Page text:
A Cop Movie (2021) ☆☆☆(3/4): An unconventional Mexican cop documentary

Mexican documentary film “A Cop Movie”, which was released on Netflix in last week, is an interesting piece of work attempting an unconventional approach to its familiar main subject. At first, it seems to be merely following the story of two different real-life police officers in Mexico City, but then it unexpectedly shifts onto a different viewpoint, and we come to see more of how problematic their system really is.

At first, the documentary introduces us to a seasoned female officer named Teresa, and the opening scene shows her going through another busy night in Mexico City. As she drives her patrol car here and there in the city, we constantly hear numerous reports and reports on her radio, and then we later see her handling a serious medical circumstance for herself. While a woman is about to give birth to her baby, no ambulance or paramedic has come yet, so, though she does not know much about how to handle such a situation like that, Teresa has no choice but to help this woman as much as she can.

While the camera is steadily around her, we get to know Teresa more as she tells us a lot about her family background. Her father is also a police officer, and she wanted to be just like her father even when she was young, but she only found herself often disregarded and underestimated by her father. Nevertheless, she did not give up at all, and she eventually went to the police academy when she was only 17, and her father came to recognize and respect his daughter around the time when she began to work outside as a police officer.

It is clear that she is proud of how she has dutifully worked for more than 15 years, but she also admits how it is often hard and difficult for her to go through one day after another. Like many other police officers, she frequently struggles with the lack of resource in the system, and she also sometimes has to accept some bribe due to her difficult economic status. In addition, it is suggested that she initially had to deal with the misogyny of many male police officers around her, and even her father clearly notified to her in advance that he did not want to get involved with any sexual harassment problem she might have.

In case of a male police officer nicknamed Montoya, he also has a fair share of problems he is willing to share with us in front of the camera. Like Teresa, he is a fairly good police officer, but he often gets frustrated with how he and many other police officers are not appreciated much by many citizens out there. During one amusing scene, we see him and several other police officers doing their job in the middle of the pride parade for sexual minority people, and the camera captures a series of silly brief moments as he is ridiculed by some participants of the pride parade.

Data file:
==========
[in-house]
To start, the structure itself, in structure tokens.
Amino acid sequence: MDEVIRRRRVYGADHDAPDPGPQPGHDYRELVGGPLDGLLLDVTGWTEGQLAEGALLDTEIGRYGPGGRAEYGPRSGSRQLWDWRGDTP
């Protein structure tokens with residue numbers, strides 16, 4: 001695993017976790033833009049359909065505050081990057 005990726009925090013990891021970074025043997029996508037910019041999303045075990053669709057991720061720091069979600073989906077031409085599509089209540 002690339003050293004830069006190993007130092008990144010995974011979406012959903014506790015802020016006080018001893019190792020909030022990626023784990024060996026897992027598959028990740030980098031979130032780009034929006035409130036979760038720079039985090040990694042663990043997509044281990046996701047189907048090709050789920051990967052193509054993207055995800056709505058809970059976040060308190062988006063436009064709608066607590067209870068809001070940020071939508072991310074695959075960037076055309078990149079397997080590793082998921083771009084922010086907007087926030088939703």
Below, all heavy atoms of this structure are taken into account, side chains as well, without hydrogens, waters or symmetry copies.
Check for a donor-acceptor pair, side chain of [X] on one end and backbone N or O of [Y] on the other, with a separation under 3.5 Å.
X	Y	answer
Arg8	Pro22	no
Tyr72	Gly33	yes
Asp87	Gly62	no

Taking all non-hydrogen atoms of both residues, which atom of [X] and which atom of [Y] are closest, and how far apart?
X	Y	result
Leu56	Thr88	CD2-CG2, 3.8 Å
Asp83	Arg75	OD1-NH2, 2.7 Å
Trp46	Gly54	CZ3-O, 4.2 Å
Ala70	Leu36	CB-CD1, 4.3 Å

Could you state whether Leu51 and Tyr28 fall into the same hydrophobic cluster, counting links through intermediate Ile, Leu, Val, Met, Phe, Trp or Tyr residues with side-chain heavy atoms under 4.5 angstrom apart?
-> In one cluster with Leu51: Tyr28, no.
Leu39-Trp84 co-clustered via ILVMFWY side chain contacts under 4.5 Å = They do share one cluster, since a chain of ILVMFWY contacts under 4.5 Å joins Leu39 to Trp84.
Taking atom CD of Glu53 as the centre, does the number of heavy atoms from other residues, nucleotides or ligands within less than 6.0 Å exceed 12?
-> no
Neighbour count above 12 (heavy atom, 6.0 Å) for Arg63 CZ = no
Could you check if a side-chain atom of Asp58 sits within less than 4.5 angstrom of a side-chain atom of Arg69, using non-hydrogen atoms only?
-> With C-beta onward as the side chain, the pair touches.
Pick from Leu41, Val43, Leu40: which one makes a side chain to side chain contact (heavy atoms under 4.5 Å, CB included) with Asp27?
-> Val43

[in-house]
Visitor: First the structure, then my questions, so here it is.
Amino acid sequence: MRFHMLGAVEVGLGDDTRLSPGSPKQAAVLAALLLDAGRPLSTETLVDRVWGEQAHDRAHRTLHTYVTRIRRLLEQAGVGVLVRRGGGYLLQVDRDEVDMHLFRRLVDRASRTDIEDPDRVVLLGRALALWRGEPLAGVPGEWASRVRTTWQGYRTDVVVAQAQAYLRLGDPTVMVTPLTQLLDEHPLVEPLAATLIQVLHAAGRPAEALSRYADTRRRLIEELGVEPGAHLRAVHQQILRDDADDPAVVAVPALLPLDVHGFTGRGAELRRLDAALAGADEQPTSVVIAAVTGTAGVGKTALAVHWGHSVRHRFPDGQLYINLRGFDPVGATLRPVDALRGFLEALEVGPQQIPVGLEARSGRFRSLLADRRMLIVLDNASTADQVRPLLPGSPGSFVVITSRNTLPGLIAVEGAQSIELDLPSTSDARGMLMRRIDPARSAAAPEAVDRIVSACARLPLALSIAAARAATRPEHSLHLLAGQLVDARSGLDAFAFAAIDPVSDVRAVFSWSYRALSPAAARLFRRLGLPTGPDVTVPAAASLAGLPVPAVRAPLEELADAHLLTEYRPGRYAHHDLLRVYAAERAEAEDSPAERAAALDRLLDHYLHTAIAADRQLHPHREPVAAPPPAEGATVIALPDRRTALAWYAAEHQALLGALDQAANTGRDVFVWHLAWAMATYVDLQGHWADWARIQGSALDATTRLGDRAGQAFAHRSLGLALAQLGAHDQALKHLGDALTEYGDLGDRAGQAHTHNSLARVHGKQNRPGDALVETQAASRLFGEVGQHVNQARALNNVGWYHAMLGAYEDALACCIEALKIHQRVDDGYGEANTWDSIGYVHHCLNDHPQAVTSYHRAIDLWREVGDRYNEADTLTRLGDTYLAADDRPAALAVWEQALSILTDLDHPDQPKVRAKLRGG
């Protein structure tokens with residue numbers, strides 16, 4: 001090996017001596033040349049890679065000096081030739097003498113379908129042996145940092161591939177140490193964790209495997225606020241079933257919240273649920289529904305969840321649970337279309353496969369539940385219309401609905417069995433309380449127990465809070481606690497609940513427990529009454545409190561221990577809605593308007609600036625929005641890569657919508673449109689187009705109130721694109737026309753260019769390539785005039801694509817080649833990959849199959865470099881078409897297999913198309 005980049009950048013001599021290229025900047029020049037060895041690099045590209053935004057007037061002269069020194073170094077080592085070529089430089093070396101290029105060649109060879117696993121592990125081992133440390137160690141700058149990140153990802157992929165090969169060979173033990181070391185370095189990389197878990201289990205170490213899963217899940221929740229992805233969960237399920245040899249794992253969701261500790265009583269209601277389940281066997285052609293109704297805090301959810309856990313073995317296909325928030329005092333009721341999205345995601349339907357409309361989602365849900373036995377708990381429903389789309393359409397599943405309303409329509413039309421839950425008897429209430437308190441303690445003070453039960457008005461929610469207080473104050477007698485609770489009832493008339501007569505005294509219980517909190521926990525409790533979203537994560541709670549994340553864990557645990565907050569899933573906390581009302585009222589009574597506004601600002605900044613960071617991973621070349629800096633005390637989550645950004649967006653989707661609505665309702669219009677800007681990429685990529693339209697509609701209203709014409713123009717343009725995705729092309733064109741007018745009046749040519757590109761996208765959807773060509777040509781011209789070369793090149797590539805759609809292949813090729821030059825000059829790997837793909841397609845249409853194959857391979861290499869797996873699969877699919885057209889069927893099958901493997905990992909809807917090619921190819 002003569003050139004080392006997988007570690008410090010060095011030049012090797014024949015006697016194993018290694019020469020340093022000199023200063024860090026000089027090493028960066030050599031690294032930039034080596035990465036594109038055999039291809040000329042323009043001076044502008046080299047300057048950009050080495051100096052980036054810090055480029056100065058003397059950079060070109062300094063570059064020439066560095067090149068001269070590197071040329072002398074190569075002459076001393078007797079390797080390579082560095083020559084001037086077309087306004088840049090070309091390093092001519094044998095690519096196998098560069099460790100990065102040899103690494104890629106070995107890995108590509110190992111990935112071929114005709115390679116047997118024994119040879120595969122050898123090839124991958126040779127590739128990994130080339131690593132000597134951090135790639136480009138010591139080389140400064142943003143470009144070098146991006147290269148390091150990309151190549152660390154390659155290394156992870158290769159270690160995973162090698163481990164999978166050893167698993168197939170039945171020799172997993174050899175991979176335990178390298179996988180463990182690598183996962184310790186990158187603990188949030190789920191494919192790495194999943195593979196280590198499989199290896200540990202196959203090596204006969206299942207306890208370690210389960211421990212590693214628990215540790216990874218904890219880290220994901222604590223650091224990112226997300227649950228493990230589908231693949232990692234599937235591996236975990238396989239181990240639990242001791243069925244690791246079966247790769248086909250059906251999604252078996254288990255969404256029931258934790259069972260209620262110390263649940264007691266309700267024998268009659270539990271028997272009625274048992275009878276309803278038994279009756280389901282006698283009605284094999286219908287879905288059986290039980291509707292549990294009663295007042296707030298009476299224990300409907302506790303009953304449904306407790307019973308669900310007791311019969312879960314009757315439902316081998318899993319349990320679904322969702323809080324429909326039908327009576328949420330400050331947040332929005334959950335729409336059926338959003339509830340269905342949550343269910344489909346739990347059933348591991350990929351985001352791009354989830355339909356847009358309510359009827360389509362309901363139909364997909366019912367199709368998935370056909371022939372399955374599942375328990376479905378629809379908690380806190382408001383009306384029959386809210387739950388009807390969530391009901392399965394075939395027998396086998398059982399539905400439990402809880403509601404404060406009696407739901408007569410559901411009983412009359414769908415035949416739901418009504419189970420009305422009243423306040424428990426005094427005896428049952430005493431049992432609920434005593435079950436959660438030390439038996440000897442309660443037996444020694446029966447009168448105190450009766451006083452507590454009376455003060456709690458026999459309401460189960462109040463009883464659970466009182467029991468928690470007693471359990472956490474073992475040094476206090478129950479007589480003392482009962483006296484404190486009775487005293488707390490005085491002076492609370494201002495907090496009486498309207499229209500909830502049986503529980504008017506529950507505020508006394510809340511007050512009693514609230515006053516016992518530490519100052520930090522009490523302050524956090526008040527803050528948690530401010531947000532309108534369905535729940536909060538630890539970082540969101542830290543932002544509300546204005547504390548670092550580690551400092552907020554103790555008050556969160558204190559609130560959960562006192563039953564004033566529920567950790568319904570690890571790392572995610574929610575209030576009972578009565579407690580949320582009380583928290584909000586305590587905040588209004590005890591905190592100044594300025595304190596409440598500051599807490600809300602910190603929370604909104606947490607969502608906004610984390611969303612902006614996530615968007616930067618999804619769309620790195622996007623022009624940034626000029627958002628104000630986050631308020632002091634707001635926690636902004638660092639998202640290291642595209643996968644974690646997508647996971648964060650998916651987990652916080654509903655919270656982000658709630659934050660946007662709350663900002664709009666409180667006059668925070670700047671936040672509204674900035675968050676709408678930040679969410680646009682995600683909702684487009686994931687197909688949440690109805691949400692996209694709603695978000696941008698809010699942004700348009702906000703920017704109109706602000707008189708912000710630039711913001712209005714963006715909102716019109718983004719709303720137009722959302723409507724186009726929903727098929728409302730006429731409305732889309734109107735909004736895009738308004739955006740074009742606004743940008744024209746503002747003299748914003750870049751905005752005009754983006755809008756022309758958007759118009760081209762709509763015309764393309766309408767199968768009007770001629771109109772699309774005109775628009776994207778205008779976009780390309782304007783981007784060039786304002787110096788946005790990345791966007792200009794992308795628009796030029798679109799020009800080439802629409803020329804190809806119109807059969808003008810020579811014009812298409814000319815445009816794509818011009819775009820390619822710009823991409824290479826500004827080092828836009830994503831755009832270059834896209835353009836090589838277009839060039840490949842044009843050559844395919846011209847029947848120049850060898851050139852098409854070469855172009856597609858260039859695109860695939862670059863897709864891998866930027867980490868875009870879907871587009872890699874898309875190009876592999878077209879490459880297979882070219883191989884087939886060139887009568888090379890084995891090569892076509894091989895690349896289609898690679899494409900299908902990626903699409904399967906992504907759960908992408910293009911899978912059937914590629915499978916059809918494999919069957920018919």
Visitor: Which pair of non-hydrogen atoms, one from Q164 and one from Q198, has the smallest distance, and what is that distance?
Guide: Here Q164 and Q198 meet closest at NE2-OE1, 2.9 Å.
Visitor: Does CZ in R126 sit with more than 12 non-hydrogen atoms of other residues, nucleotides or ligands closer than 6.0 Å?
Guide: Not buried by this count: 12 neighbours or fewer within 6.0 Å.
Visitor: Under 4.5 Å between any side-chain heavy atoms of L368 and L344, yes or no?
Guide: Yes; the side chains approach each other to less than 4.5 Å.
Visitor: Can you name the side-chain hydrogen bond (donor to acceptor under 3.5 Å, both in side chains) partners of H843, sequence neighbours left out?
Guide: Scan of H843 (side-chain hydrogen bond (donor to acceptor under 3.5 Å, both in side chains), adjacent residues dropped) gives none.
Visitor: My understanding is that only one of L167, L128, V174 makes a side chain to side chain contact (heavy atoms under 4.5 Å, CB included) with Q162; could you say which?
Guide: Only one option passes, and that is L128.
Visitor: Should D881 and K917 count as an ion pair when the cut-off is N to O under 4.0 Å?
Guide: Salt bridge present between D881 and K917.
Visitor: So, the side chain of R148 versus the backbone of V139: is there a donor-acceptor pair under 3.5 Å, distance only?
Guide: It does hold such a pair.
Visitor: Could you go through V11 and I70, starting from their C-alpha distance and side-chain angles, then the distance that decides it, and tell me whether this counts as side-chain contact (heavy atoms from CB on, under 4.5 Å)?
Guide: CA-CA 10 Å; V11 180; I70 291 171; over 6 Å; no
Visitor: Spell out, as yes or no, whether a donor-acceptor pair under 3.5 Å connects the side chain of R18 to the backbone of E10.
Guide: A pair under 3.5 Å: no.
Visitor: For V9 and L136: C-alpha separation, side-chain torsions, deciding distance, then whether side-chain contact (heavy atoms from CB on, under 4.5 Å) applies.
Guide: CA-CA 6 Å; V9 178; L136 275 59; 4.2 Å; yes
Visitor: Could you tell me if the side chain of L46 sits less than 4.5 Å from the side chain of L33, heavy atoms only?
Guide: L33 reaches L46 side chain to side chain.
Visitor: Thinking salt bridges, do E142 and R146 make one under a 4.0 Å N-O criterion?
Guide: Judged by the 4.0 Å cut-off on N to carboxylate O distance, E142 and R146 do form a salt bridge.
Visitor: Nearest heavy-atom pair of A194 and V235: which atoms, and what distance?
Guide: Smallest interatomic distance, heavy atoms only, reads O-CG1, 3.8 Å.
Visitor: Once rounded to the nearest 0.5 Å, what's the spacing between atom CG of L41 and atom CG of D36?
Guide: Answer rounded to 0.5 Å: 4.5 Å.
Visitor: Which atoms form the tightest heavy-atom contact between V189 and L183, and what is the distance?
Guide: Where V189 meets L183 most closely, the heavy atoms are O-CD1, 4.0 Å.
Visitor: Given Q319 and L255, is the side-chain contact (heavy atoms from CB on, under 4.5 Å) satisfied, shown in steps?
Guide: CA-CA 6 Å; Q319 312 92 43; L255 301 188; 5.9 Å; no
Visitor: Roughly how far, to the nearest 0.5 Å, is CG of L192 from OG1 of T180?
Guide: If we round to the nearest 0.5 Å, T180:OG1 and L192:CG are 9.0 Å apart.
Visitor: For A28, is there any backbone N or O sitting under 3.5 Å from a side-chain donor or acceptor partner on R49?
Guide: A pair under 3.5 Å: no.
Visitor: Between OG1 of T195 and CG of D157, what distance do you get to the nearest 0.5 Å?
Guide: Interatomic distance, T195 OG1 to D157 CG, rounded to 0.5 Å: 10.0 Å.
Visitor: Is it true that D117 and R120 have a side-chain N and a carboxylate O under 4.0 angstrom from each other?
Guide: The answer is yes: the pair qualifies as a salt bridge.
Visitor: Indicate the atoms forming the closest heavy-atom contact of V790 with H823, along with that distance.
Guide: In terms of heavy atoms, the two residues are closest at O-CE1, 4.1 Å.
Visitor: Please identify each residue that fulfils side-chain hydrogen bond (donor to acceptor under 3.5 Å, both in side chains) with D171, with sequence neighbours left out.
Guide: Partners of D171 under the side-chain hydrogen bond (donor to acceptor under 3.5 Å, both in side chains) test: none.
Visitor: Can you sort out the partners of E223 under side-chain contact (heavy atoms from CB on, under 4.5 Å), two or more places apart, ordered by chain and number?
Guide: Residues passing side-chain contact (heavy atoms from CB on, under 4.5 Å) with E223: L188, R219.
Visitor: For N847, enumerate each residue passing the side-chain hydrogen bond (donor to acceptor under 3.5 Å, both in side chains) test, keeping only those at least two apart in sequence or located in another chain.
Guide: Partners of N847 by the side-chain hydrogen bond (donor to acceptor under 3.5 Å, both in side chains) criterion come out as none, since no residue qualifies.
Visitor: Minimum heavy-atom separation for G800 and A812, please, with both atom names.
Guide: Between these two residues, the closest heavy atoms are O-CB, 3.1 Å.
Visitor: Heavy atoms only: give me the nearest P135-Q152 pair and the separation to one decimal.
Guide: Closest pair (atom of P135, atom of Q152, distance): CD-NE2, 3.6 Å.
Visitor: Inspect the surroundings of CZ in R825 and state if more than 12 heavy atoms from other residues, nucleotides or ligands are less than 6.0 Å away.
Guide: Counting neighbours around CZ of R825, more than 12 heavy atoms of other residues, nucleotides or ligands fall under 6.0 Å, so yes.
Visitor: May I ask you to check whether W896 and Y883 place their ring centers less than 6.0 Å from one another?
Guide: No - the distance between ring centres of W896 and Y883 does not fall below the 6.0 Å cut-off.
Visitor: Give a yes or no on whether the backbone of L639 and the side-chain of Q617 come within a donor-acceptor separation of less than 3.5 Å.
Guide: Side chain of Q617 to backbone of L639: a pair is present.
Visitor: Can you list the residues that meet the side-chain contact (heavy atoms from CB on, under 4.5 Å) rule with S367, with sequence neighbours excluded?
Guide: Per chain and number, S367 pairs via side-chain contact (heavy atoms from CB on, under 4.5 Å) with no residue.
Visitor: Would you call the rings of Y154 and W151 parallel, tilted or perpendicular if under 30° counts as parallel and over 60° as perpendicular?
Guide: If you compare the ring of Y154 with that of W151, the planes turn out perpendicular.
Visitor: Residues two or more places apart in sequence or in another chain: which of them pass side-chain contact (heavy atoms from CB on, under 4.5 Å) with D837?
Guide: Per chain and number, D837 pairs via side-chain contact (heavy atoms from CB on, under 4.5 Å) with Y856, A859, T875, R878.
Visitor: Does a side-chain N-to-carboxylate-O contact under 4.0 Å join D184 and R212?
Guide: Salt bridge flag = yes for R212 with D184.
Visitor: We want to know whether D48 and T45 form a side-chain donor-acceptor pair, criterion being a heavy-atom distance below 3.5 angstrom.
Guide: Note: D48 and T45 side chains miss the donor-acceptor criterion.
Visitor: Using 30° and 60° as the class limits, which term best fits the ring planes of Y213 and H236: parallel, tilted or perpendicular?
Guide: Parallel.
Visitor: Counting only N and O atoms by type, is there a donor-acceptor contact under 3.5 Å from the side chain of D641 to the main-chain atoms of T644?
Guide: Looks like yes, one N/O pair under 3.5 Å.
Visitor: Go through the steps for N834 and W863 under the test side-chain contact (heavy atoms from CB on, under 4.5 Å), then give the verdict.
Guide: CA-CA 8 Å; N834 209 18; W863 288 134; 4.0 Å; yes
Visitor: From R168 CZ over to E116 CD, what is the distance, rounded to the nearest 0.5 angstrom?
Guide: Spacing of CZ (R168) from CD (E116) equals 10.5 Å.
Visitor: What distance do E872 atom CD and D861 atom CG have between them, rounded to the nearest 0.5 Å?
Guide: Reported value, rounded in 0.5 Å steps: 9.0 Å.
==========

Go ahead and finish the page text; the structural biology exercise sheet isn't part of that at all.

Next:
Like Teresa, Montoya aspired to be a police officer even when he was very young. He was quite impressed by an older brother who was a police officer, and, despite his poor family background, he managed to fulfill his wish instead of becoming street criminals just like many of his neighborhood friends. At one point, he reminisces about a chance encounter between him and an old friend of his, and he muses a bit on how things could turn out to be quite different for him if he had not been determined to join the police.

Not long after revealing the unexpected connection between its two different human subjects, the documentary catches us off guard as both Teresa and Montoya in the documentary turn out to be the performers playing their real-life counterparts, and we subsequently observe these two performers, Raúl Briones and Mónica Del Carmen, going through each own preparation period. For making their performance more convincing, they study and absorb the interview clips from their real-life counterparts, and they also go through the training session along with many real trainees before spending some time with real police officers.

While getting to know more about police officers and their system, both of these two performers certainly have lots of things to tell us. They talk about how problematic the training process is in many aspects, and they also come to have some empathy and understanding on what numerous police officers have to deal with day by day.

As they get closer to their respective roles, Briones and Del Carmen are gradually overlapped with real Teresa and Montoya, and that is why the following moment, which is the enactment of an incident which really happened to Teresa and Montoya, works well with considerable dramatic effects. Briones, Del Carmen, and several other performers in this scene did a commendable job under director/co-writer Alonso Ruizpalacios’s competent direction, and you will be more infuriated as Teresa and Montoya phlegmatically tell us how they were unjustly punished after that incident.

On the whole, “A Cop Movie”, which won the Silver Bear Award for its editing by Yibran Asuad when it was shown at the Berlin International Film Festival early in this year, is worthwhile to watch for its engaging presentation of social issues which relevant to many of us. It is always interesting to observe different worlds and people via good documentaries, and I assure you that “A Cop Movie” is one of such documentaries.

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